Latin America only region set to meet hunger reduction goals: U.N.

By Chris Arsenault

By Chris Arsenault

ROME (Thomson Reuters Foundation) - Latin America and the Caribbean is the only region on track to meet the 2009 World Food Summit goal of halving the number of people suffering from hunger by 2015, the United Nations reported.

The number of hungry people in the region has fallen to 37 million from 68.5 million in just over 20 years, the Food and Agriculture Organization (FAO) said in its "Panorama of Food and Nutritional Security 2014" report on Wednesday.

The region must feed an additional 2.75 million people by the end of 2015 to meet the goal, a "final push" that would require a faster pace of reduction that the average of 1.4 million people a year over the past two decades, the FAO said.

FAO Director General Jose Graziano da Silva wrote that the region had already met a similar target set as one of the Millennium Development Goals.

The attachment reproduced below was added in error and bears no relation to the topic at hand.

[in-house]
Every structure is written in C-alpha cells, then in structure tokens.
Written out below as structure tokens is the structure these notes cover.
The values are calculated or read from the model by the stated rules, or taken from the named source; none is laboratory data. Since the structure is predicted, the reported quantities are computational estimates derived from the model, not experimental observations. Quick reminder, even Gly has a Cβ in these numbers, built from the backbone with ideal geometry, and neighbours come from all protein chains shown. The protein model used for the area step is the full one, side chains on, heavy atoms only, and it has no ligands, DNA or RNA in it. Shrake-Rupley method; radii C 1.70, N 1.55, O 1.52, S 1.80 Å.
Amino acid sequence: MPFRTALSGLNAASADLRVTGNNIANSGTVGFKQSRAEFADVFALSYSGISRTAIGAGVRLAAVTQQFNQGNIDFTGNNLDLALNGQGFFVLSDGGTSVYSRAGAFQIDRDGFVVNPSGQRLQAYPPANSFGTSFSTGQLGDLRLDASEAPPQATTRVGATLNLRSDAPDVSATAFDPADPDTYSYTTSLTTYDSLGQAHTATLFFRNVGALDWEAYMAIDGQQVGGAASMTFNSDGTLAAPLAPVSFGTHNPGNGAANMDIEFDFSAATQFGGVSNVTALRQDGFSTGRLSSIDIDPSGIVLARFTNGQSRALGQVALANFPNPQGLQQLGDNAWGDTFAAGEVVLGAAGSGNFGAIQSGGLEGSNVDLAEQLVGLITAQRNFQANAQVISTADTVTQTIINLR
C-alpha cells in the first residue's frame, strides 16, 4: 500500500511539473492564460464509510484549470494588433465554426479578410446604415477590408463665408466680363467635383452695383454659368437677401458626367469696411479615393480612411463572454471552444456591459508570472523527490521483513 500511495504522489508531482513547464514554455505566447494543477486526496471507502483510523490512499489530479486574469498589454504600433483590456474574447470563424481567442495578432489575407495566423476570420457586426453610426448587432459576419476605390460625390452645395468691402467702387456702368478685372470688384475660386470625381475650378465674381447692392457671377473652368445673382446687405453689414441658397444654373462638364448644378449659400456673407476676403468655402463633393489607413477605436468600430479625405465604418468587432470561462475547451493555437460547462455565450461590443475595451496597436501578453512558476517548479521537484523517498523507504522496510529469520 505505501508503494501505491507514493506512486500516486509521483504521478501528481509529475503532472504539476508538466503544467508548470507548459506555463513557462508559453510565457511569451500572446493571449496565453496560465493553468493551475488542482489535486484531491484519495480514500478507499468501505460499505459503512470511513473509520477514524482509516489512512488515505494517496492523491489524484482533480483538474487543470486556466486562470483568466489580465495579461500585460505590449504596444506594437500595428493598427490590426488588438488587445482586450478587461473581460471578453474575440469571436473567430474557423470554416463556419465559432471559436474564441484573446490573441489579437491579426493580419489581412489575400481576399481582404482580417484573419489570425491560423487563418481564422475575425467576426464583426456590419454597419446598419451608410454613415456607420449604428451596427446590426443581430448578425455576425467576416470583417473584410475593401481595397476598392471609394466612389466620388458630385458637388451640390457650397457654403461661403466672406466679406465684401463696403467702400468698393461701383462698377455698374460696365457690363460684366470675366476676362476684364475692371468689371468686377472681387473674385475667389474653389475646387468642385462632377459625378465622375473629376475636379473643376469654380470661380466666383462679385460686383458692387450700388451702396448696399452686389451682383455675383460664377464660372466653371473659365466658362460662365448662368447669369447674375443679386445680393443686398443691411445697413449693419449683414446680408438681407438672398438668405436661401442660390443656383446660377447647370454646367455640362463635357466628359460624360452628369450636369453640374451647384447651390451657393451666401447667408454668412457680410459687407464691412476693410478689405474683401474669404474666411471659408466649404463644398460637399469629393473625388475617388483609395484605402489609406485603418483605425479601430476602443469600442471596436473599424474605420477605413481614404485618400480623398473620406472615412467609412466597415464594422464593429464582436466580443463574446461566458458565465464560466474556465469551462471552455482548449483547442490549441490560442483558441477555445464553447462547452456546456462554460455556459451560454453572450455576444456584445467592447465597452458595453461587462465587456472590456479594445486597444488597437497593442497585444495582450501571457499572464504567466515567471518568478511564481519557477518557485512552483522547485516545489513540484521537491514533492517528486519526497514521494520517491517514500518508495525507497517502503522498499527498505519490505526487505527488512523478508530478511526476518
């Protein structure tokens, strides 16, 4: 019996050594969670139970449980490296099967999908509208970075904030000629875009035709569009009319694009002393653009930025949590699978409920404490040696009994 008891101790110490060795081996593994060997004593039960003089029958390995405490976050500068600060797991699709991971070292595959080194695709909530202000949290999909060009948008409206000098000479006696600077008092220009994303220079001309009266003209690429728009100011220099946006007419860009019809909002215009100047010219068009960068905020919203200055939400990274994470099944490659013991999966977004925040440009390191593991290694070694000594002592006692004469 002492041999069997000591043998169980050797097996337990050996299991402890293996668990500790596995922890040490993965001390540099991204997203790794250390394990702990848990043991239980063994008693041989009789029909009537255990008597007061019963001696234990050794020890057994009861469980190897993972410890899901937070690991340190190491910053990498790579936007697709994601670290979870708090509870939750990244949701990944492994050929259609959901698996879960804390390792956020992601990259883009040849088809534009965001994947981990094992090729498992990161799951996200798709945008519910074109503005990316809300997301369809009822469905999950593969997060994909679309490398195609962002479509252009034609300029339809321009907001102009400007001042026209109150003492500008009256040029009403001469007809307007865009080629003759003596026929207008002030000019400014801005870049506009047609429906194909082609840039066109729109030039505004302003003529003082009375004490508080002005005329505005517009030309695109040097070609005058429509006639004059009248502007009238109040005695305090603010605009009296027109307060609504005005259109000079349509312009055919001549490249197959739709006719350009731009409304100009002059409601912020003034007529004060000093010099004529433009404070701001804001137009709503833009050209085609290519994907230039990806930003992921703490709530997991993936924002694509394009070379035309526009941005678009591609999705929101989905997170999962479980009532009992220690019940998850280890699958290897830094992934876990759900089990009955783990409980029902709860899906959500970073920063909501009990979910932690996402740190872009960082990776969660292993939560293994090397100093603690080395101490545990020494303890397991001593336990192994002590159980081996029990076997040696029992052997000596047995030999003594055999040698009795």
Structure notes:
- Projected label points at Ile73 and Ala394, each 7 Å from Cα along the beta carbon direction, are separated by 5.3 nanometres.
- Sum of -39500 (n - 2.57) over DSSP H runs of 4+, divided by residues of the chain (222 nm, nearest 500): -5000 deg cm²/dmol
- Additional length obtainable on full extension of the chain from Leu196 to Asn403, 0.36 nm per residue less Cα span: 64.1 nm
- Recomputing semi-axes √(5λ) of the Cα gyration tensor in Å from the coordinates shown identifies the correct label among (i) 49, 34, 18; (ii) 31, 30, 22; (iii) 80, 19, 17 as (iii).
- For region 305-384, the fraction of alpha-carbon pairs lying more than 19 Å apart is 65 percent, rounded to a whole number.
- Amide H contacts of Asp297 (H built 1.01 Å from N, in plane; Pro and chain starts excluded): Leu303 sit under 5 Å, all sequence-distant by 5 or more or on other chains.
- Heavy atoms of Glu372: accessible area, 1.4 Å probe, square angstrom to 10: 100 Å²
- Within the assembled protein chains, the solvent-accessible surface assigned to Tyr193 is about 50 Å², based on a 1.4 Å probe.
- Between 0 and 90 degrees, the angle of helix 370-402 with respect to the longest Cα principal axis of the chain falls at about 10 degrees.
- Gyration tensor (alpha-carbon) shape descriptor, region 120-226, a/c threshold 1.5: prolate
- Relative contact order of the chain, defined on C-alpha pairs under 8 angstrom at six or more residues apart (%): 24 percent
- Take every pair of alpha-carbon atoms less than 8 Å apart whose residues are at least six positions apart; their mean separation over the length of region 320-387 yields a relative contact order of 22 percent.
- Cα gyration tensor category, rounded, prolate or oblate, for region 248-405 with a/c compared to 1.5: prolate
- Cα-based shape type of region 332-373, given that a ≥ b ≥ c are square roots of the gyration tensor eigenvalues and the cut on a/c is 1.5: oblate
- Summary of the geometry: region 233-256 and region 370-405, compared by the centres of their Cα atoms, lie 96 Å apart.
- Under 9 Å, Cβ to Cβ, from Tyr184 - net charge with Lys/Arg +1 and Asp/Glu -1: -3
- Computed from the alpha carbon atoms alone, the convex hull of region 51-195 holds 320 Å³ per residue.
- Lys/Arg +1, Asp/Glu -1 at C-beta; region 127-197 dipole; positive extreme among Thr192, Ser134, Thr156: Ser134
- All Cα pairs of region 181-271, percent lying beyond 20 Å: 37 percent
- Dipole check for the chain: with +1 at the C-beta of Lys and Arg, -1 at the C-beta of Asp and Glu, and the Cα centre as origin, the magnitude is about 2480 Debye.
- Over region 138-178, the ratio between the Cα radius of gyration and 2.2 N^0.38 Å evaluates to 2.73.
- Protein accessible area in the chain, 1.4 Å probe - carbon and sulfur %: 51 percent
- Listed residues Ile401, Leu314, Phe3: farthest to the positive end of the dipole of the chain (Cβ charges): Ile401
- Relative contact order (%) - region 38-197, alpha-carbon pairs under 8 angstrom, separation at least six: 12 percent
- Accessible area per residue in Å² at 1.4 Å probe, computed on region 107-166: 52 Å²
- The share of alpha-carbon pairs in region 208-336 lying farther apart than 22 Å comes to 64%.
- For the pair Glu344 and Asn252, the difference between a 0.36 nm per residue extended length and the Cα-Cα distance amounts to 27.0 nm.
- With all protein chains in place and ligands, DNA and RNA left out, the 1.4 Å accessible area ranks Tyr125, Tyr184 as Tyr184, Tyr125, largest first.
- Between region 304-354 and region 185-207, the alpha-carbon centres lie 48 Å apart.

"Latin America and the Caribbean… is the only region of the world that has achieved the hunger target of the Millennium Development Goals, reducing to less than half its proportion of undernourished people since 1990," he wrote.

Fourteen nations: Argentina, Barbados, Brazil, Chile, Cuba, Guyana, Mexico, Nicaragua, Panama, Peru, Dominican Republic, Saint Vincent and the Grenadines, Uruguay and Venezuela have met the MDG of halving the number of hungry people since 1990.

Four - Bolivia, Colombia, Honduras and Suriname - are 90 percent of the way there.

"Mere economic development" is not enough to address hunger, da Silva wrote, urging governments to expand social protection for the poor, while investing in family farmers to increase production.

Latin America fared better than the Caribbean in its struggle against hunger, reducing the number of hungry to 29.5 million today from 60.3 million in 1990-92, compared with a drop in the Caribbean to 7.5 million from 8.1 million people.

To meet the final goal, the report recommended: strengthening regional integration, improving systems for evaluating public policies, and integrating food security into broader development efforts.

(Reporting By Chris Arsenault; Editing by Tim Pearce)